2016-01-01

    This study uses a qualitative methodology to examine the perception of acupuncture among users and nonusers. Altogether 37 participants, age 35 or older, were interviewed. Participants' perception of advantages and disadvantages of adopting acupuncture, and their criteria in selecting acupuncturists, were collected. Results found that among the user group, acupuncture was perceived as being effective, having little side effects, and generating lasting impact. Among nonusers, acupuncture was perceived as lacking a clinical base, high risk, and nonstandardized. Nonusers had less confidence in acupuncture than biomedicine. Participants relied on social communication and the practitioner's professional qualifications in choosing acupuncturists. Marketing implications are discussed.

  2. Perception of acupuncture among users and nonusers: A qualitative study.

    PubMed

    Chan, Kara; Siu, Judy Yuen-Man; Fung, Timothy K F

    2016-01-01

    This study uses a qualitative methodology to examine the perception of acupuncture among users and nonusers. Altogether 37 participants, age 35 or older, were interviewed. Participants' perception of advantages and disadvantages of adopting acupuncture, and their criteria in selecting acupuncturists, were collected. Results found that among the user group, acupuncture was perceived as being effective, having little side effects, and generating lasting impact. Among nonusers, acupuncture was perceived as lacking a clinical base, high risk, and nonstandardized. Nonusers had less confidence in acupuncture than biomedicine. Participants relied on social communication and the practitioner's professional qualifications in choosing acupuncturists. Marketing implications are discussed. PMID:26950540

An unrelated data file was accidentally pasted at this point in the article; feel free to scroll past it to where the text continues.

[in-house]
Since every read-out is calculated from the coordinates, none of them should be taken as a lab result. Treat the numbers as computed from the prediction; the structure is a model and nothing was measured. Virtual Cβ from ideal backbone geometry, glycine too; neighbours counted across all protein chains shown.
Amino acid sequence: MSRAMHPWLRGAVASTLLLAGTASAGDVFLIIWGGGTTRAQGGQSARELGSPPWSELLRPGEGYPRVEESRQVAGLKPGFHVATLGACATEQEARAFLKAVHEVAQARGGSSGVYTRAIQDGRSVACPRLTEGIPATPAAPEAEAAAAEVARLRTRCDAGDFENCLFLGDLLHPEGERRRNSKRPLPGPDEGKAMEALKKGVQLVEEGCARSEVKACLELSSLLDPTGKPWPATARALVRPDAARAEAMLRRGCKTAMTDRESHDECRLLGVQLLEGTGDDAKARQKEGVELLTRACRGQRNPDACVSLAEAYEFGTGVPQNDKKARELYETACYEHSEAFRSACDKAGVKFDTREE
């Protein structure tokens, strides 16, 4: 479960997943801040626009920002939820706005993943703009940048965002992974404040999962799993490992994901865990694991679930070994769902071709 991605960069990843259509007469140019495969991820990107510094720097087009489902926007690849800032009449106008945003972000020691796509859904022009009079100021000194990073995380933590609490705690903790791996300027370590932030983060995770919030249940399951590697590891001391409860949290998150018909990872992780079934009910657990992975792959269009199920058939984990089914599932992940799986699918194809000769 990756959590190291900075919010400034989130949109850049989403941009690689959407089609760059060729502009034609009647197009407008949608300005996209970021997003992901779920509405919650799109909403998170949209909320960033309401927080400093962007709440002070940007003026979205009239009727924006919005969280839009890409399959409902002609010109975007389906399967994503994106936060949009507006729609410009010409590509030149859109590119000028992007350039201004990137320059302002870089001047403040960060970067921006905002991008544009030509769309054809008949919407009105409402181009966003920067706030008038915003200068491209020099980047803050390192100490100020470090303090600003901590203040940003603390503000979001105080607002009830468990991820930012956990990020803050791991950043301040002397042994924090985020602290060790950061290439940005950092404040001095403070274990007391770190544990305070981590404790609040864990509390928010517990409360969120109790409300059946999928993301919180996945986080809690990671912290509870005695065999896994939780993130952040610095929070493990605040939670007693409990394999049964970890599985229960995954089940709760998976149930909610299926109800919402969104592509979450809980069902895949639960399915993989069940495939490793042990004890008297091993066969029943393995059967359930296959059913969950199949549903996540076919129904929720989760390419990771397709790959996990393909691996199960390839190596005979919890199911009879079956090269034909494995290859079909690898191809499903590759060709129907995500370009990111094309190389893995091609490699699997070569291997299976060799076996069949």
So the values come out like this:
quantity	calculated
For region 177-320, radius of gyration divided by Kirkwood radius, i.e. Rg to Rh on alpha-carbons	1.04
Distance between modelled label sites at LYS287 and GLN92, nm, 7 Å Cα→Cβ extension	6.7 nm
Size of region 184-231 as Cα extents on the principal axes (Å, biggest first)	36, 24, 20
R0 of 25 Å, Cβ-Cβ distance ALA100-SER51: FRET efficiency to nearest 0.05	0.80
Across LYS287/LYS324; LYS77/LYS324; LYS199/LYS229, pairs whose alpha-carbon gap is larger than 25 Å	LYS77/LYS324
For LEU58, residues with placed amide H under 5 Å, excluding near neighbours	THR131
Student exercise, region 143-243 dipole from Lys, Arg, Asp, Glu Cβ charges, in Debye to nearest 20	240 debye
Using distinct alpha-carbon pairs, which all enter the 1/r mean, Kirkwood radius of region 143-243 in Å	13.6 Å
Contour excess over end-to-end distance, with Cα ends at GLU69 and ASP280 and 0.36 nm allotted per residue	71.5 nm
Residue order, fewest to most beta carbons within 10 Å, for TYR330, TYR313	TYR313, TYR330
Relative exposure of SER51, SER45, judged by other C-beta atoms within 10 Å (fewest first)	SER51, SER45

3. Systematic Review of Acupuncture for Chronic Prostatitis/Chronic Pelvic Pain Syndrome

    PubMed Central

    Qin, Zongshi; Wu, Jiani; Zhou, Jing; Liu, Zhishun

    2016-01-01

    Abstract Acupuncture is a promising therapy for relieving symptoms in chronic prostatitis/chronic pelvic pain syndrome (CP/CPPS), which affects >15% of adult men worldwide. The aim of the study was to assess the effects and safety of the use of acupuncture for CP/CPPS. MEDLINE, EMBASE, CENTRAL, Web of Science, CBM, CNKI, Wang-Fang Database, JCRM, and CiNii were searched from their inception through 30 November 2015. Grey literature databases and websites were also searched. No language limits were applied. Only randomized controlled trials (RCTs) with CP/CPPS treated by acupuncture were included. Two reviewers extracted data and assessed the risk of bias of RCTs using the Cochrane Risk of Bias Tools, respectively. Seven trials were included, involving 471 participants. The result of meta-analysis indicated that compared with sham acupuncture (MD: −6.09 [95%CI: −8.12 to −5.68]) and medicine (Levofloxacinand, Ibuprofen, and Tamsulosin) (MD: −4.57 [95%CI: −7.58 to −1.56]), acupuncture was more effective at decreasing the total NIH-CPSI score. Real acupuncture was superior to sham acupuncture in improving symptoms (pain, voiding) and quality of life (Qof) domain subscores. Compared to sham acupuncture and medicine, acupuncture appears to be more effective at improving the global assessment. Two trials found that there is no significant difference between acupuncture and sham acupuncture in decreasing the IPSS score. Acupuncture failed to show more favorable effects in improving both symptoms and the Qof domain compared with medicine. Overall, current evidence supports acupuncture as an effective treatment for CP/CPPS-induced symptoms, particularly in relieving pain. Based on the meta-analysis, acupuncture is superior to sham acupuncture in improving symptoms and Qof. Acupuncture might be similar to medicine (Levofloxacinand, Ibuprofen, and Tamsulosin) in its long-term effects, but evidence was limited due to high ROB among included trials as well as

  4. [Scientific practice of Chengjiang Acupuncture School in the Republic of China].

    PubMed

    Zhang, Jian-Bin; Zhang, Hong-Ru; Jin, Xun; Xia, You-Bing

    2014-02-01